Blaney, Truex, other contenders face one last shot at Daytona

For Bob Pockrass
FOX Sports NASCAR Writer

WATKINS GLEN, NY — With a 25-point lead Martin Truex Jr. for the final playoff spot, Ryan Blaney would like to feel comfortable with their playoff prospects.

And he might feel a little comfortable, if it weren’t for the site of the regular season finale on Saturday.

Does Blaney believe he controls his own destiny?

“Not at Daytona,” he said, “no.”

The 16-driver playoff field consists of the regular-season champion and 15 other drivers based on number of wins, with ties broken by points.

Chase Elliott, who has four wins, has already won the regular season title. There are 14 other drivers with wins: Kyle Larson, Joey Logano, Ross Chastain, Christopher Bell, Kevin Harvick, Kyle Busch, William Byron, Alex Bowman, Daniel Suarez, Tyler Reddick, Denny Hamlin, Austin Cindric, Chase Briscoe and Kurt Busch.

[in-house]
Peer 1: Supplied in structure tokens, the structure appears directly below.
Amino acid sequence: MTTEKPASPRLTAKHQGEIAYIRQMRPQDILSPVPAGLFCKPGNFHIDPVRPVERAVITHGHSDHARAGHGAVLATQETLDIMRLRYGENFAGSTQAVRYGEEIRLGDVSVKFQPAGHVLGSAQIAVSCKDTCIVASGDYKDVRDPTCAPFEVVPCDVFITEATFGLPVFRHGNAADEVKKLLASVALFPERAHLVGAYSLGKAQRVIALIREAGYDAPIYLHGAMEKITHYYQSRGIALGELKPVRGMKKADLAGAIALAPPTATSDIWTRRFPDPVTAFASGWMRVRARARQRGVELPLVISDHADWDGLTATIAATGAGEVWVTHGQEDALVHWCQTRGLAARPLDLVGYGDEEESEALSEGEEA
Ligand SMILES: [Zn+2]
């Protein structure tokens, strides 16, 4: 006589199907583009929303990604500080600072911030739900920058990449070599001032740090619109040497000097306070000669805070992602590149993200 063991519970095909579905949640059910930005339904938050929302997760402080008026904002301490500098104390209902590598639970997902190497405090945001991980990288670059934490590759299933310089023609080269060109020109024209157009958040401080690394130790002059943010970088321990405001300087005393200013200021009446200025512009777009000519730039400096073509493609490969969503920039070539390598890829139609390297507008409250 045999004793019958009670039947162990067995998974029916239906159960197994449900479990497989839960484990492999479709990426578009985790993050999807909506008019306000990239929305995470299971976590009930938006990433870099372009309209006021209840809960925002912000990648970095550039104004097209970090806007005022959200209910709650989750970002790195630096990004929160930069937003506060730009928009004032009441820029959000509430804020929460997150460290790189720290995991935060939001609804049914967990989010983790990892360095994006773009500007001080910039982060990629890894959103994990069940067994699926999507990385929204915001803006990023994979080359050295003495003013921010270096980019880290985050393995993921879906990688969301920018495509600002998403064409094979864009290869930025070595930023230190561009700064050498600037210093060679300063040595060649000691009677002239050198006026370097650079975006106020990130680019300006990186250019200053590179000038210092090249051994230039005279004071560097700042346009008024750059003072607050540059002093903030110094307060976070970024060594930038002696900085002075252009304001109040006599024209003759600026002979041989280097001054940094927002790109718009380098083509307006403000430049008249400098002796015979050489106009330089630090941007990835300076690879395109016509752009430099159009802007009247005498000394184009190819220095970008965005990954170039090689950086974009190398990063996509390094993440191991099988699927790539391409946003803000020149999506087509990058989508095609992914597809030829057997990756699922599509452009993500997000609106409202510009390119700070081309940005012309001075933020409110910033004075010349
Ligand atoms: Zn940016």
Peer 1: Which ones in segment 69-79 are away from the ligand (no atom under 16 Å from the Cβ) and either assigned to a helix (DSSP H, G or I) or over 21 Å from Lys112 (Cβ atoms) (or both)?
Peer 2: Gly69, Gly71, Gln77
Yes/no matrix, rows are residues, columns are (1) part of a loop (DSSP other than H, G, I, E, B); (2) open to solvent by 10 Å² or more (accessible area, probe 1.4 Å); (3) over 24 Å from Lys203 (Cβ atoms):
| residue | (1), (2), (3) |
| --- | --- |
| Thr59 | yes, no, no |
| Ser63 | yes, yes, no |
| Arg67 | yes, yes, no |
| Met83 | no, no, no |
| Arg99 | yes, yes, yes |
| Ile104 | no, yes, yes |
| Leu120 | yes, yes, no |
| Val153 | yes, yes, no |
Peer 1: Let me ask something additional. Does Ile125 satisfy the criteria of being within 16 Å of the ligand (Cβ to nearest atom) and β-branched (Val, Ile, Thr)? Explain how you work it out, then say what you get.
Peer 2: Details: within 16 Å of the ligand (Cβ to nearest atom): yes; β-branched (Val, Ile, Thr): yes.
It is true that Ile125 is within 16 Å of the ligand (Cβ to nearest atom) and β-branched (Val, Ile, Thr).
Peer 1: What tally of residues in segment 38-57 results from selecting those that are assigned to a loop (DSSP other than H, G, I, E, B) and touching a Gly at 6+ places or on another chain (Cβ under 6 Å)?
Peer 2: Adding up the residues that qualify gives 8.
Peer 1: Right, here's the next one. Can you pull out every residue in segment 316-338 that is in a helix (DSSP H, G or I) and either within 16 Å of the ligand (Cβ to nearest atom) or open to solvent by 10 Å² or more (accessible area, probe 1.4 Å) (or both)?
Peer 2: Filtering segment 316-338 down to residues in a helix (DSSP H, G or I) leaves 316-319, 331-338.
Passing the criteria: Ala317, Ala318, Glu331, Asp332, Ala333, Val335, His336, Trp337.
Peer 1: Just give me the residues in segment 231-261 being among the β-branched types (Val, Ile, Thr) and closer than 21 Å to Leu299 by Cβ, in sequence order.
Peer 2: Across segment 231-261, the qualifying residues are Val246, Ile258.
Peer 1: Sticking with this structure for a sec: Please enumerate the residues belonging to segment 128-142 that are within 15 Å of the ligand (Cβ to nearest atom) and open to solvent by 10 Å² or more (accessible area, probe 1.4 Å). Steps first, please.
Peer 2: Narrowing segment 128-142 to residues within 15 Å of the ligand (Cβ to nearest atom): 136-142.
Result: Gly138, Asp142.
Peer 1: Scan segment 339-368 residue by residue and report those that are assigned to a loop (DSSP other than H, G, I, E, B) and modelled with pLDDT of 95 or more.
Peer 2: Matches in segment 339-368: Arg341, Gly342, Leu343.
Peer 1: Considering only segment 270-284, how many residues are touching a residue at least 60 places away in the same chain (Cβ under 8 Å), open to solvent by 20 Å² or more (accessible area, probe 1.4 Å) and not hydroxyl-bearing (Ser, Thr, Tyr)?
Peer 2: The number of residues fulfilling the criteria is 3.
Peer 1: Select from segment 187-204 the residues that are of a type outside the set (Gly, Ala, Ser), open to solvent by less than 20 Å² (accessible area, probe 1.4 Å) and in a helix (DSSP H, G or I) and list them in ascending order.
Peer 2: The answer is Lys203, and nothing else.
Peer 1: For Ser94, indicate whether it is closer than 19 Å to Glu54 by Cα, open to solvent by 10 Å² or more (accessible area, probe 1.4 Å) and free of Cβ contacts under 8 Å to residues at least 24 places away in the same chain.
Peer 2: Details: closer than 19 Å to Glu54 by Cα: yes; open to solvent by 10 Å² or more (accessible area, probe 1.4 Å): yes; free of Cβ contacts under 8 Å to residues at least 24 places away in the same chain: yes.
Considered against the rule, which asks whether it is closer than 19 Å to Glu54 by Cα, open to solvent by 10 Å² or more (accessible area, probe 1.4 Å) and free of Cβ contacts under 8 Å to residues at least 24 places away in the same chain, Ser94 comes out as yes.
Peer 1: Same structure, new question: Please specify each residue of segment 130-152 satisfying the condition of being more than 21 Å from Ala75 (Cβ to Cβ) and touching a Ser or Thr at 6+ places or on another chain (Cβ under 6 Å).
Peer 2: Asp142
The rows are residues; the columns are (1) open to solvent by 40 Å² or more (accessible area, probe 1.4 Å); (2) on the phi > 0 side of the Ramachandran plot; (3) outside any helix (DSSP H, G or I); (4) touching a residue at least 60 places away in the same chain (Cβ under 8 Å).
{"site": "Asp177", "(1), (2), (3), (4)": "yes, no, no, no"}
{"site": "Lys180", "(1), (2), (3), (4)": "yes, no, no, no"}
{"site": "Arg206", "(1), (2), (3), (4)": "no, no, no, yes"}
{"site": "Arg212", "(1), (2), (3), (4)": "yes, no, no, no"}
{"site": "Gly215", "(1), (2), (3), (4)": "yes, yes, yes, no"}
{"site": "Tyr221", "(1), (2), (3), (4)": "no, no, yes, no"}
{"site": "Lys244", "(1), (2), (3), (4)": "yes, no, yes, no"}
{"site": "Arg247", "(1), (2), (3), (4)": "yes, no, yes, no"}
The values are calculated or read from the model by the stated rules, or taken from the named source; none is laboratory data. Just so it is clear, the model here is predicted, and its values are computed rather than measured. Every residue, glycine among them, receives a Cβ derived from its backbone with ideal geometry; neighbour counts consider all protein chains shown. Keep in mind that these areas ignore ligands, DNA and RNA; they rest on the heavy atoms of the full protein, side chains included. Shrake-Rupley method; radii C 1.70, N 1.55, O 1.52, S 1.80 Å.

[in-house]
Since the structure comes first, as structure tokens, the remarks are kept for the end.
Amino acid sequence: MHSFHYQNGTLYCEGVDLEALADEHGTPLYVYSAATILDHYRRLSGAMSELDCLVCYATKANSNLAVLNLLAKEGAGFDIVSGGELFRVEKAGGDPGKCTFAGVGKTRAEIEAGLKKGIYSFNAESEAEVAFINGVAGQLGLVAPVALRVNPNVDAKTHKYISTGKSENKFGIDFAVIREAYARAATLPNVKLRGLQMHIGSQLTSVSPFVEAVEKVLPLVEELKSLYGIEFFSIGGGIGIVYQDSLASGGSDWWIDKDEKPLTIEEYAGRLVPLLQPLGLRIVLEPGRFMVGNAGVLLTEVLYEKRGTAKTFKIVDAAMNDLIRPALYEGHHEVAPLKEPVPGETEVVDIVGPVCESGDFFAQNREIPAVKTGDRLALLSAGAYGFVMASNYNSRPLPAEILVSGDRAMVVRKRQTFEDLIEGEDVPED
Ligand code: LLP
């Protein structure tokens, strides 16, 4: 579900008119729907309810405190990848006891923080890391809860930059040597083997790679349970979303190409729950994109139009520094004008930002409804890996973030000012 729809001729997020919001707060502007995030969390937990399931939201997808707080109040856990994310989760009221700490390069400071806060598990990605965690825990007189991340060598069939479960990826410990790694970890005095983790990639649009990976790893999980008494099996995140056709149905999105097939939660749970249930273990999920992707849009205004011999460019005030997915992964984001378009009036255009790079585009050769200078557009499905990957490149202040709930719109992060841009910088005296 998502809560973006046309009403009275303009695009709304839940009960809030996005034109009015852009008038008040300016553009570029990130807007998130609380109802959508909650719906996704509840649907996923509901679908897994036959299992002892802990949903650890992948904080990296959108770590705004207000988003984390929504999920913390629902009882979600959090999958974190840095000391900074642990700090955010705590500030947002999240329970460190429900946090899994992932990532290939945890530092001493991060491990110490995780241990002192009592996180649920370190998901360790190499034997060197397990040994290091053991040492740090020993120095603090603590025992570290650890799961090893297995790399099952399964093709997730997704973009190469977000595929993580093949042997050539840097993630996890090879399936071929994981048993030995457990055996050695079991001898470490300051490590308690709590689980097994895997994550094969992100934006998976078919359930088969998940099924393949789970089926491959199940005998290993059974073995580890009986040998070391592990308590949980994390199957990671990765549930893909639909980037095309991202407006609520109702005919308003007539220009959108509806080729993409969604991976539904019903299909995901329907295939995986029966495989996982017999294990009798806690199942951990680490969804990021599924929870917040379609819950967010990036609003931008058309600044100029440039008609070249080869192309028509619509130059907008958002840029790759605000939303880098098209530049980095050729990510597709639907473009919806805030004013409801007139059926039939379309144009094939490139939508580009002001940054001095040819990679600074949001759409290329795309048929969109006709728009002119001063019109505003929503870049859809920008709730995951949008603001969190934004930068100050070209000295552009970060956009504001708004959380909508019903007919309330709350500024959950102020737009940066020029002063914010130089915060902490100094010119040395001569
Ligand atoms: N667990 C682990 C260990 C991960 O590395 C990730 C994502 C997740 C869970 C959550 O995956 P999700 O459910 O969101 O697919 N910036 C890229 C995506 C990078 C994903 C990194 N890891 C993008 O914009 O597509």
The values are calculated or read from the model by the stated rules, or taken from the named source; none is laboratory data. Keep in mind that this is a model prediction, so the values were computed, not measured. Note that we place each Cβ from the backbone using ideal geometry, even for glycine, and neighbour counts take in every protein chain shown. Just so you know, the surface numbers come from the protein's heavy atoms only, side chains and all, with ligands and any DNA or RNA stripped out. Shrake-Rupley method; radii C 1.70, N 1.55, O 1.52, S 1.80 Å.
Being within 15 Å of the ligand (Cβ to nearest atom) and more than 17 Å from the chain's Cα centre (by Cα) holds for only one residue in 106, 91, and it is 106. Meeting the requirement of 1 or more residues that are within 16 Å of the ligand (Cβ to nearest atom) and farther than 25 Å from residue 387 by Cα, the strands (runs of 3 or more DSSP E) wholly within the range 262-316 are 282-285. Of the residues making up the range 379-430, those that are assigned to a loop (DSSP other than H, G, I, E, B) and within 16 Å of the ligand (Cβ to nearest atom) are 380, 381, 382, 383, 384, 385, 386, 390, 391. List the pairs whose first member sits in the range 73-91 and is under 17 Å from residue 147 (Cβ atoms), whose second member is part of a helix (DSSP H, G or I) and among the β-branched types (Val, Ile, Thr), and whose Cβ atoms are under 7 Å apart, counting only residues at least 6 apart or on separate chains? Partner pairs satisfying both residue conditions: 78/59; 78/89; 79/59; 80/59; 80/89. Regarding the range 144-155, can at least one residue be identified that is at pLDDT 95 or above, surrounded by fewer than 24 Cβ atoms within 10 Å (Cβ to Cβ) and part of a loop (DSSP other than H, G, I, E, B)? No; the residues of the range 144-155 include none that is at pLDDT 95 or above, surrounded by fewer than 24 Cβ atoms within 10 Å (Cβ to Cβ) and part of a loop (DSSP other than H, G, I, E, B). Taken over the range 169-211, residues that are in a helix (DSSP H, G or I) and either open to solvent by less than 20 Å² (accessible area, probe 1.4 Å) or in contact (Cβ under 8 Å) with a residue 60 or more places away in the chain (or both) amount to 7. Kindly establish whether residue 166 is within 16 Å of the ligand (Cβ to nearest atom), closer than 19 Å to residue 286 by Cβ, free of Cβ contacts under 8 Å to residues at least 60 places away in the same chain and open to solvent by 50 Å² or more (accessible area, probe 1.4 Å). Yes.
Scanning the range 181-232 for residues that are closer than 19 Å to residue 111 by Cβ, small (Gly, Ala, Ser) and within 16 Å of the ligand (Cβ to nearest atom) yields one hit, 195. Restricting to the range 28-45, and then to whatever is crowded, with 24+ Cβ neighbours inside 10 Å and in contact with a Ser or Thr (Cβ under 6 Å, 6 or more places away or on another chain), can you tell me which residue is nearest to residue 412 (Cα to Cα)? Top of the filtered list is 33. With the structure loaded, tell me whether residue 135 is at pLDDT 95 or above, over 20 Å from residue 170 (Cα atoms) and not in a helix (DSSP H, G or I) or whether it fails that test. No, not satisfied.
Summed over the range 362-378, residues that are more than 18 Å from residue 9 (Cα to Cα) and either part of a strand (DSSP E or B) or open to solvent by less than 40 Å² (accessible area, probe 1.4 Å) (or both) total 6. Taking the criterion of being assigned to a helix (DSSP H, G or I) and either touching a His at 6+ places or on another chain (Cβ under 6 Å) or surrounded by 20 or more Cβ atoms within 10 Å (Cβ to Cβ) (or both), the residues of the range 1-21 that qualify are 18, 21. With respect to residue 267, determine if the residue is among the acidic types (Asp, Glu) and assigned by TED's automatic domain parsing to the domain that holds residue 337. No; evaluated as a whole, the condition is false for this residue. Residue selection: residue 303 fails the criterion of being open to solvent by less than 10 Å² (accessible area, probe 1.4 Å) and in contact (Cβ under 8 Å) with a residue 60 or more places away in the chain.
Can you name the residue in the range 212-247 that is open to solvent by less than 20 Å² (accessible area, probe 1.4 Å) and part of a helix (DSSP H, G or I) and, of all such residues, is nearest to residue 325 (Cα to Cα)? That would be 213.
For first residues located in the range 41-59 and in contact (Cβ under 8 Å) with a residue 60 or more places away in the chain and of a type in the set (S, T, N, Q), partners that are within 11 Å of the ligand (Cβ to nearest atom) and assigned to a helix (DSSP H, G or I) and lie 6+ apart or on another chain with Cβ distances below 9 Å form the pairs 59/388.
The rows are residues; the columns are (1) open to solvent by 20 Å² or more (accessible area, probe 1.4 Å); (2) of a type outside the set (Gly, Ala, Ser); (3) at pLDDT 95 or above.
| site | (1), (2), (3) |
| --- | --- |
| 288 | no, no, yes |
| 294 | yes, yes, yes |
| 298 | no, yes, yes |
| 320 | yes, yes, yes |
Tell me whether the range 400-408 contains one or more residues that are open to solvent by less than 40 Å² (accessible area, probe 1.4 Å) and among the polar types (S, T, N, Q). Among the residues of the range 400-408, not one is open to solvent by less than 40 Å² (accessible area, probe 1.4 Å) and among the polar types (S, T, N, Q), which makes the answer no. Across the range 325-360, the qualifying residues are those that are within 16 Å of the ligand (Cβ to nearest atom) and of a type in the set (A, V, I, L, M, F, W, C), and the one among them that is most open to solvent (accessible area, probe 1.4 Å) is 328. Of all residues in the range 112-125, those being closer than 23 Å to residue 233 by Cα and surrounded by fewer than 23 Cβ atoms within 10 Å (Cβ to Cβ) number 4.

That leaves a spot open for either the winless driver with the most points or the driver who scores his first win of the year Saturday at Daytona International Speedway, a track known for unpredictability and upsets.

These drivers would clinch a playoff spot with a win at Daytona: Blaney, Truex, Erik Jones, Aric Almirola, Austin Dillon, Bubba Wallace, Chris Buescher, Justin Haley, Michael McDowell, Ricky Stenhouse Jr., Cole Custer, Brad Keselowski, Harrison Burton, Ty Dillon and Todd Gilliland.

Ryan Blaney on his current playoff odds

Ryan Blaney on his current playoff odds

Ryan Blaney looks at his chances to win the final two Cup races of the 2022 regular season and why he’s not losing sleep over his playoff prospects.